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Woman commits string of ‘wicked’ pensioner burglaries using bogus police ID

A CON woman who stole the life savings of an elderly couple by tricking her way into their home with fake police ID has been jailed for what a judge called ‘wicked’ crimes.

Derrol Flynn (pictured) punched another of her victims in the face when her cover was blown, before going on to steal one pensioner couple’s £6,000 life savings.

Flynn had fashioned a simple fake identification lanyard, made up of an old mobile phone sim card holder, a coloured piece of plastic, and an old shoelace.

Fake ID: A shoelace and some plastic cards PICTURES: PA

She would quickly flash the ID at her victims, claiming to be a police detective, a private eye or security worker, and then use her ‘over-bearing’ manner to talk her way into the victims’ homes.

Drug addict Flynn had claimed to some of her trusting victims she was an undercover officer, there to investigate thefts, burglaries, reports of intruders, or to check their security measures.

The 45-year-old was jailed at Birmingham Crown Court on Tuesday for nine years.

The career criminal had served time in jail for similar offences, but quickly fell back into her old ways after her release on licence in January 2017.

Flynn, formerly of Kitts Green Road, Kitts Green, first talked her way into two homes in Olton, Solihull, near Birmingham, on June 25.

She punched a 72-year-old woman in the face after the victim detected something was wrong, while another elderly woman in a wheelchair was simply shoved aside in her own home while Flynn rifled through the property.

The same day, she tricked her way inside a house in Hall Green, Birmingham, but again fled after the resident became suspicious and refused her entry.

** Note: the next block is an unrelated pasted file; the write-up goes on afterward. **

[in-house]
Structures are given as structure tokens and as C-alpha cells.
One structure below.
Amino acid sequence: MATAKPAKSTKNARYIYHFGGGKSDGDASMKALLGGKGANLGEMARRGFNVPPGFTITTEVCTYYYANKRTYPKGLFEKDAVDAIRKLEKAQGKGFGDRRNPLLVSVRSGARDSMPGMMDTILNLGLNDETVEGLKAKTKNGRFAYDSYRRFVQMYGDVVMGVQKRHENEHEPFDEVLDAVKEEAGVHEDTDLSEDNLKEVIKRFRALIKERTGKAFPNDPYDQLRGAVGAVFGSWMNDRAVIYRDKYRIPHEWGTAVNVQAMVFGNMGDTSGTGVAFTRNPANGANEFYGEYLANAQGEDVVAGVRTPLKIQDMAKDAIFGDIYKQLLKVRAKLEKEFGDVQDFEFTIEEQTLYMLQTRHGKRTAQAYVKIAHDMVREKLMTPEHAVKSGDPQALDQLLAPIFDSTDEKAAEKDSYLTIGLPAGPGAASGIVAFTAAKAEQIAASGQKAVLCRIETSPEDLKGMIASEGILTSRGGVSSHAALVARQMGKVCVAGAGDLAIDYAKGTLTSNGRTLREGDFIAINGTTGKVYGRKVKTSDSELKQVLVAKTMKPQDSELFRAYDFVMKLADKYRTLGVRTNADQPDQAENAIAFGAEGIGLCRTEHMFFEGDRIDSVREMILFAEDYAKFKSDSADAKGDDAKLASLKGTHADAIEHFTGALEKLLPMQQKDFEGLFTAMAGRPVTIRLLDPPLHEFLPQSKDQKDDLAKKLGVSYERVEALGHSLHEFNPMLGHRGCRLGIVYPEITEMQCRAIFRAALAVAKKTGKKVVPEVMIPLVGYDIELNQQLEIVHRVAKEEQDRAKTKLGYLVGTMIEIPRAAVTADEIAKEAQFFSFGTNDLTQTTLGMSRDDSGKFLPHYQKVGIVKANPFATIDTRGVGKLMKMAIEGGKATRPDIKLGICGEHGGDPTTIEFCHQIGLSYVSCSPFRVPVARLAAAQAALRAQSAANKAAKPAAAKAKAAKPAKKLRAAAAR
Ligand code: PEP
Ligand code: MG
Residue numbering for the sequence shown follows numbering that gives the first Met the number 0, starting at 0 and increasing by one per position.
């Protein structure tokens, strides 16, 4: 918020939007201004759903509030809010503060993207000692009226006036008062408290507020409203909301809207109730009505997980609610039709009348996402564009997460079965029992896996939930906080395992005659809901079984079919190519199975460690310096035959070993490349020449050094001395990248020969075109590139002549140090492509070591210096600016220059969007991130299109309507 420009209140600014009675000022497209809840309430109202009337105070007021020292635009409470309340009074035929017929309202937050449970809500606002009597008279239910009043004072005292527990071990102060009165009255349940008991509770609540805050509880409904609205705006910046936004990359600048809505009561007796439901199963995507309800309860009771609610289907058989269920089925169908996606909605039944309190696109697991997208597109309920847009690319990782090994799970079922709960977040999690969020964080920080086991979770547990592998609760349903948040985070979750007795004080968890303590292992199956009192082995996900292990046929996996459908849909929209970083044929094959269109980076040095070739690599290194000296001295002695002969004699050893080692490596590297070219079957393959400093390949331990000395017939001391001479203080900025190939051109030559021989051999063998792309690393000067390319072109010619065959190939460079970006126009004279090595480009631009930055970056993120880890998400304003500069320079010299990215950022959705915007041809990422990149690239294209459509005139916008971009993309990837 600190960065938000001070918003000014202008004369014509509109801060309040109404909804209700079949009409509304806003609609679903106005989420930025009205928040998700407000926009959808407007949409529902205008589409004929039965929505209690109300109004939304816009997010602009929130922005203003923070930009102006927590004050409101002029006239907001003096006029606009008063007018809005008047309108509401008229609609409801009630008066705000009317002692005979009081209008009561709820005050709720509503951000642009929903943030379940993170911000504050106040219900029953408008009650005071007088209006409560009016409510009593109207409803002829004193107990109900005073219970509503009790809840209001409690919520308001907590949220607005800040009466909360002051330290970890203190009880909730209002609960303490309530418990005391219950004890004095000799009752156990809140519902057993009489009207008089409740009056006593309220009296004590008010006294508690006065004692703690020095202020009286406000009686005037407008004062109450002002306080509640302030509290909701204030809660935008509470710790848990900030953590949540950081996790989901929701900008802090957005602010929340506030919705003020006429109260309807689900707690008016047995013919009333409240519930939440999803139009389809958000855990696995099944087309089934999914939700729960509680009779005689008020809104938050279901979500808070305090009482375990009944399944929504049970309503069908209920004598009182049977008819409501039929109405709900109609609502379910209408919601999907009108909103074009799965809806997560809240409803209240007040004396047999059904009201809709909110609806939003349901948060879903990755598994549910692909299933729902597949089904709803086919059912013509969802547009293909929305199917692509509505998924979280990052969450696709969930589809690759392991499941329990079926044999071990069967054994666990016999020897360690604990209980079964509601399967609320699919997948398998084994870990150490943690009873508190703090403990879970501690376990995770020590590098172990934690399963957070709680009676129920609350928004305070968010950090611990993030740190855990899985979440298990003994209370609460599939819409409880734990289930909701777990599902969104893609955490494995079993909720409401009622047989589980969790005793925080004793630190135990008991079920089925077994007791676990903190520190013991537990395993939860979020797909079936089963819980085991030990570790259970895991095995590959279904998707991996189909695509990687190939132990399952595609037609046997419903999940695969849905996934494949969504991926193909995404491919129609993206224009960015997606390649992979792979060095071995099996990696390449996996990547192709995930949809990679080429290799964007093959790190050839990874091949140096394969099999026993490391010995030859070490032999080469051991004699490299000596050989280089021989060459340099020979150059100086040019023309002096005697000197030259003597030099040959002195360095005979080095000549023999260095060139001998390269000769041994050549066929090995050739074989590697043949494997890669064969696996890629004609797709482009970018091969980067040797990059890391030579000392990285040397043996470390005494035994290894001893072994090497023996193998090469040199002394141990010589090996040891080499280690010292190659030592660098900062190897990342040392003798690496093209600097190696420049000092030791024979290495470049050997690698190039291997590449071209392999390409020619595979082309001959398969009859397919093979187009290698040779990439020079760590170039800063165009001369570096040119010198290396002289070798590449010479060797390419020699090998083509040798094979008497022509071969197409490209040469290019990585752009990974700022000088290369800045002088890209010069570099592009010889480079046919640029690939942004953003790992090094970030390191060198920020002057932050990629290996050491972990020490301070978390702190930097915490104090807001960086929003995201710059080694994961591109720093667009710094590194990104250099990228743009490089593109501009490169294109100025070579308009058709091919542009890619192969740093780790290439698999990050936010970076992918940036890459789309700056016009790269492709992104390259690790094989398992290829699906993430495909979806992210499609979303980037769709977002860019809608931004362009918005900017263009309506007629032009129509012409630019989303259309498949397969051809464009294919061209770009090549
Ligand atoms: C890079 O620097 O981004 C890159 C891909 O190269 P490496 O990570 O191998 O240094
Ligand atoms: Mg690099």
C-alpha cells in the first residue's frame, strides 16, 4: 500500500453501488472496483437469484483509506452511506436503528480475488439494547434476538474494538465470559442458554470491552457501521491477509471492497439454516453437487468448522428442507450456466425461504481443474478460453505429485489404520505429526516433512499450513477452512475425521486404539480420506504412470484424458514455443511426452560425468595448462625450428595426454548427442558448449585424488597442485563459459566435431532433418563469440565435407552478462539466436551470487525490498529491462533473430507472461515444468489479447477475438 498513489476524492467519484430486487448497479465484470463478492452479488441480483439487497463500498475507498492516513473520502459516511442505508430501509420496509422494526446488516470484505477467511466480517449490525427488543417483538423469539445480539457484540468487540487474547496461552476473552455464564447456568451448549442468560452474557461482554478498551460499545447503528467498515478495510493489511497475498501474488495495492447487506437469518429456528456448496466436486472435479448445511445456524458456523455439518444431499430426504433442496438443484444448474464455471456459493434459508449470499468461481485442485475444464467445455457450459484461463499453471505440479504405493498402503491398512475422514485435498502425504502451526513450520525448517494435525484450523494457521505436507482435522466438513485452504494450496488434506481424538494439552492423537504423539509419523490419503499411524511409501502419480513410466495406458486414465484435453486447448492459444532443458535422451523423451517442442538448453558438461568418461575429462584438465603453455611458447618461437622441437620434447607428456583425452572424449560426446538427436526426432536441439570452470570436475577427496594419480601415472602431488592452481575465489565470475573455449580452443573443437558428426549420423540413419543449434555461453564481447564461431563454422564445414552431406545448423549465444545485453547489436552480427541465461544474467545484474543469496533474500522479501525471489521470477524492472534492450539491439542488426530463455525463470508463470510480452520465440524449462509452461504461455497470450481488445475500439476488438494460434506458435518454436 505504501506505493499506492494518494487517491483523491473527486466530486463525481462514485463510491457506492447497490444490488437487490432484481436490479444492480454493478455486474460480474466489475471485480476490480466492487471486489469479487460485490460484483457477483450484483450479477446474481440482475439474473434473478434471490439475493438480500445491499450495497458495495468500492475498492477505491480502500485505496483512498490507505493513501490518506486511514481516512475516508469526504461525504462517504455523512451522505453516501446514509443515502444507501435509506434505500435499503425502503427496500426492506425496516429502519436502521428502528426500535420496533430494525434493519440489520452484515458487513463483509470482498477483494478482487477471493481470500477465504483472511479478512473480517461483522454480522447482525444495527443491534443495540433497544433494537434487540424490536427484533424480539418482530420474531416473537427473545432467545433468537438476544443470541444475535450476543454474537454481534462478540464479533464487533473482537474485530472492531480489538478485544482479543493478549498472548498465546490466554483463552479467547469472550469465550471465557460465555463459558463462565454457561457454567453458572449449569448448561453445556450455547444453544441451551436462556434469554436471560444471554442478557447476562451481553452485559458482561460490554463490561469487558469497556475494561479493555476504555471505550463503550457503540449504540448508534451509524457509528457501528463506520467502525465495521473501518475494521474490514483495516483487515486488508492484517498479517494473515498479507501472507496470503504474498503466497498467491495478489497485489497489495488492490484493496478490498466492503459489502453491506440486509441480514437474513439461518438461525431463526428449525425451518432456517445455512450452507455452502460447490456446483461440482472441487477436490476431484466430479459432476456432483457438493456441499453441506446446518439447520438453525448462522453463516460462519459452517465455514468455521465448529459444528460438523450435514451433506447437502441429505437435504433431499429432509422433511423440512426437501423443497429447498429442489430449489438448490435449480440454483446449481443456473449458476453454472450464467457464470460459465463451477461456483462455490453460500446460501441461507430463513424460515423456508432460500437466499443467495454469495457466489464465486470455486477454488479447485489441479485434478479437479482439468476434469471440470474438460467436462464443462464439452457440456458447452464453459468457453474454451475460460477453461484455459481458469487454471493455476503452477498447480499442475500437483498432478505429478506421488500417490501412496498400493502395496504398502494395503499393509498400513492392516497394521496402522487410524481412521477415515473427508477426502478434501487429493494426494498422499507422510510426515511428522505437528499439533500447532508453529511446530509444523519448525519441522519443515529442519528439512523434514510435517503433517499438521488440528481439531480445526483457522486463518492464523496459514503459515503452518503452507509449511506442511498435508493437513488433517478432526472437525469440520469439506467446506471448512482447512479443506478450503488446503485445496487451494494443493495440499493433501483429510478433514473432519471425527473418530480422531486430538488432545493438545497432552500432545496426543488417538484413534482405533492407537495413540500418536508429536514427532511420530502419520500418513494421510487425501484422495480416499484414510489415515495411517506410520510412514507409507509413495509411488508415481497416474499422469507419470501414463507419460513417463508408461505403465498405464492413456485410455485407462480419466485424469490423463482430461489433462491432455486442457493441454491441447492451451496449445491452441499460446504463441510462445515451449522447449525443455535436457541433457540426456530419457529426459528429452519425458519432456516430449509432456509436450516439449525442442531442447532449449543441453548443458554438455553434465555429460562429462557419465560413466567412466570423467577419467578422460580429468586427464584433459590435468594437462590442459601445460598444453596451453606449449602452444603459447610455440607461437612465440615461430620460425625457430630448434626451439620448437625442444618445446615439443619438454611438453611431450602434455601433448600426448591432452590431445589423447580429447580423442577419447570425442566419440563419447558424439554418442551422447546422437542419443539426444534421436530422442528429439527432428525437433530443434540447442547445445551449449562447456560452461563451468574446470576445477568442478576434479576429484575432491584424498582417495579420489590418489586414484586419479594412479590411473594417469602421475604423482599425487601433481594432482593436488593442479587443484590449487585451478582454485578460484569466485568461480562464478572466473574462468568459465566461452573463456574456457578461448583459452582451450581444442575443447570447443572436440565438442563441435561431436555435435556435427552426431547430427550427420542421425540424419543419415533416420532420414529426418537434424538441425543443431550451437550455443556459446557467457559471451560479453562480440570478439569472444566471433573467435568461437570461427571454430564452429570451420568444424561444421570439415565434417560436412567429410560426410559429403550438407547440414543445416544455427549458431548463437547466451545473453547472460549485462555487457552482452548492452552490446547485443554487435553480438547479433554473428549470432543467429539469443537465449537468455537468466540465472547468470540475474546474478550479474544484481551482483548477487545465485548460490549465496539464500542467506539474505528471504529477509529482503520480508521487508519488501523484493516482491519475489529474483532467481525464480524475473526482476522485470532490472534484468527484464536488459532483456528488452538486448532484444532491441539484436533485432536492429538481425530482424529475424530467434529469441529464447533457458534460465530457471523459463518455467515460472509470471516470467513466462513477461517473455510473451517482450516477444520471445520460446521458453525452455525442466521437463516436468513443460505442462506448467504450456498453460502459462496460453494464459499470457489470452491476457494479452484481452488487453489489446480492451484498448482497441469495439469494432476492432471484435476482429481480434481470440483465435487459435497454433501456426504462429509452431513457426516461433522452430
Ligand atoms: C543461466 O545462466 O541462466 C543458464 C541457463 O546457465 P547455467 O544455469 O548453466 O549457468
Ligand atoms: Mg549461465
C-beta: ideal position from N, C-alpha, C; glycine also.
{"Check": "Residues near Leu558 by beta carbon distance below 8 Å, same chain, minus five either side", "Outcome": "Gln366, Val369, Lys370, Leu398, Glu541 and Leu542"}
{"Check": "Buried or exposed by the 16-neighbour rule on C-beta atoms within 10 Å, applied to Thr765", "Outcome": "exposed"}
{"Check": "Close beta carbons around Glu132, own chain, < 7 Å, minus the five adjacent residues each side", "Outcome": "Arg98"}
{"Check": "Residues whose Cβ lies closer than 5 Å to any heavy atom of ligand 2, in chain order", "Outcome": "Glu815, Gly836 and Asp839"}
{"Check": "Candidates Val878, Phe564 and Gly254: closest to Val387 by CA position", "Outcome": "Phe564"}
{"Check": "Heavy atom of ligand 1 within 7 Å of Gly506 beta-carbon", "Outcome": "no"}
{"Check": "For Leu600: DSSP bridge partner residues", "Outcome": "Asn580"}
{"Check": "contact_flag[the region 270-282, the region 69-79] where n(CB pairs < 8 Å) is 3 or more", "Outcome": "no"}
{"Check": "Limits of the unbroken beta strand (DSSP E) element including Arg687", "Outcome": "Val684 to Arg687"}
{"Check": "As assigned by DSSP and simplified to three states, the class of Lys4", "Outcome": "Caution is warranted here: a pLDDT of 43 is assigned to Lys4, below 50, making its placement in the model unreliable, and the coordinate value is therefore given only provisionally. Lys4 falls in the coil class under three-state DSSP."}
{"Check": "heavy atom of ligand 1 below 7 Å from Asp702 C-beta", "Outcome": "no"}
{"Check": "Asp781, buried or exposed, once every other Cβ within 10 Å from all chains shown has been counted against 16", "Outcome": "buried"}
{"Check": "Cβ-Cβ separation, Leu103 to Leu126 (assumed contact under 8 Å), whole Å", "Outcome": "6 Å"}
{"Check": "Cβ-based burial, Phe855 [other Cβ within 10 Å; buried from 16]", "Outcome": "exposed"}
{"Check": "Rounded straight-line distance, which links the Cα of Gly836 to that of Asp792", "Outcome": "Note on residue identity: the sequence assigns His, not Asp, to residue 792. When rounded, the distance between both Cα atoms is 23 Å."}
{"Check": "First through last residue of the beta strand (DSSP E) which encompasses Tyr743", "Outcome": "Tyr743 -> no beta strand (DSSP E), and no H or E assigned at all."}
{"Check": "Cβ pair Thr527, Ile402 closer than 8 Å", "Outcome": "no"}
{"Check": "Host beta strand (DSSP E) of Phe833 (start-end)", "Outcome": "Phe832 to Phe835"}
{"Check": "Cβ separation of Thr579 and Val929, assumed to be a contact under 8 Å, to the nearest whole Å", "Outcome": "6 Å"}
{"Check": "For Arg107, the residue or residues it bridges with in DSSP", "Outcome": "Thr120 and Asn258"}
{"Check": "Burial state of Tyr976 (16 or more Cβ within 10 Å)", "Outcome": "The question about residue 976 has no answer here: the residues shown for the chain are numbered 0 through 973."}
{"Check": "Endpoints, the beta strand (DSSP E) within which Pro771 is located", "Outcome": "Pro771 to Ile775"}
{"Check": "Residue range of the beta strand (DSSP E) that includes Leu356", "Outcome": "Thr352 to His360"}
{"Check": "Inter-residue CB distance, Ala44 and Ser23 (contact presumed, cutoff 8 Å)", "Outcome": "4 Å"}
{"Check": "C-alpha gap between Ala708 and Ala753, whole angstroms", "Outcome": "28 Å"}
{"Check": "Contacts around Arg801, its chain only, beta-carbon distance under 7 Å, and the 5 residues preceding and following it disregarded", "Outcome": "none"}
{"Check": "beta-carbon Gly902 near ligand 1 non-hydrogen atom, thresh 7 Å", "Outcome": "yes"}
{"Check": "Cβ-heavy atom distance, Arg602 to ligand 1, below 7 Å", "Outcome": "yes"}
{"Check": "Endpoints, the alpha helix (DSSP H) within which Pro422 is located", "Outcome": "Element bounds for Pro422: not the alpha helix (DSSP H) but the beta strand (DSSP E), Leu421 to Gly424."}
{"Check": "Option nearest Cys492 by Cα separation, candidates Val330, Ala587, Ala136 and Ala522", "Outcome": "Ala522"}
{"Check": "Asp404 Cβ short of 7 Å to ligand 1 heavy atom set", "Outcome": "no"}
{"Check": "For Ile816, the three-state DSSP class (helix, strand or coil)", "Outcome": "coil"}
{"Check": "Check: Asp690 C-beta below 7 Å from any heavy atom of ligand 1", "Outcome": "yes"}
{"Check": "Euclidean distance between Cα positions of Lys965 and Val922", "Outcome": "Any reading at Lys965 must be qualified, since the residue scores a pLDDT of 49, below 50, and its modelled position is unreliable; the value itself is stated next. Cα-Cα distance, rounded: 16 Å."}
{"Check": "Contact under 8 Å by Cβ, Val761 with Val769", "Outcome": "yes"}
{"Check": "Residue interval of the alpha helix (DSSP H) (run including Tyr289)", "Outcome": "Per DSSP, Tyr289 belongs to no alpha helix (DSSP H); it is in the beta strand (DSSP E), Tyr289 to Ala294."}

But the next day, she duped a 98-year-old woman, who was a carer for her 105-year-old permanently bed-ridden husband.

Flynn took several envelopes containing cash for each of their great grandchildren, all intended as spending money for a trip-of-a lifetime Christmas holiday to Disneyland Paris — making off with £6,000 in all.

As those circumstances were being read to court, Flynn, appearing via videolink, shouted “that’s a f******g lie”.’

In a victim impact statement, the now 99-year-old victim, said: ‘I was distraught when I realised the money had gone. It has shattered my confidence.’

She added: ‘Even now, I lie awake and think about what she has done to me and my husband.’

Testimony from brave witnesses, CCTV and forensics evidence linked Flynn to her crimes and she later admitted one burglary and three attempted burglaries.

Flynn had carried out her offences while out on licence, having been jailed in 2013 for eight years for conspiracy to defraud and conspiracy to burgle.

Gareth Edwards, prosecuting, said her latest ‘spree’ mirrored that of her previous crimes, where she had also ‘pretended to be a police officer’.

During that previous spate of offending, she targeted nine victims aged between 68-99, stealing a total of up to £30,000.

Flynn, who stole to fund a heroin habit, only pleaded guilty to her latest crimes on what was to be the day of her trial earlier in May.

Her barrister, Gerrard Cullen, told the court she was ‘remorseful’, and her offending was out of ‘desperation’.

Sentencing her, Recorder Martin Butterworth, said: ‘You targeted homes you knew would be occupied by very vulnerable victims.’

He added: ‘I’m quite sure that one of your wicked reasons for selecting the very old and vulnerable was your hope that if caught, they might pass away before you could be tried, or be too frail, anxious or unable because of their age, to provide evidence against you.’

After sentencing, investigating officer Pc Alan Reeves, of West Midlands Police, said he was pleased with the sentence.

He said: ‘Clearly, (her offending) is abhorrent.

‘She’s a thief through and through and will do anything to get what she wants.’

He added: ‘It is devastating, it’s bad enough that she steals from them — in one particular case the life savings.

‘But it’s also the effects it has afterwards, so the lack of confidence – some victims were happy in their life and confident and that just evaporates.’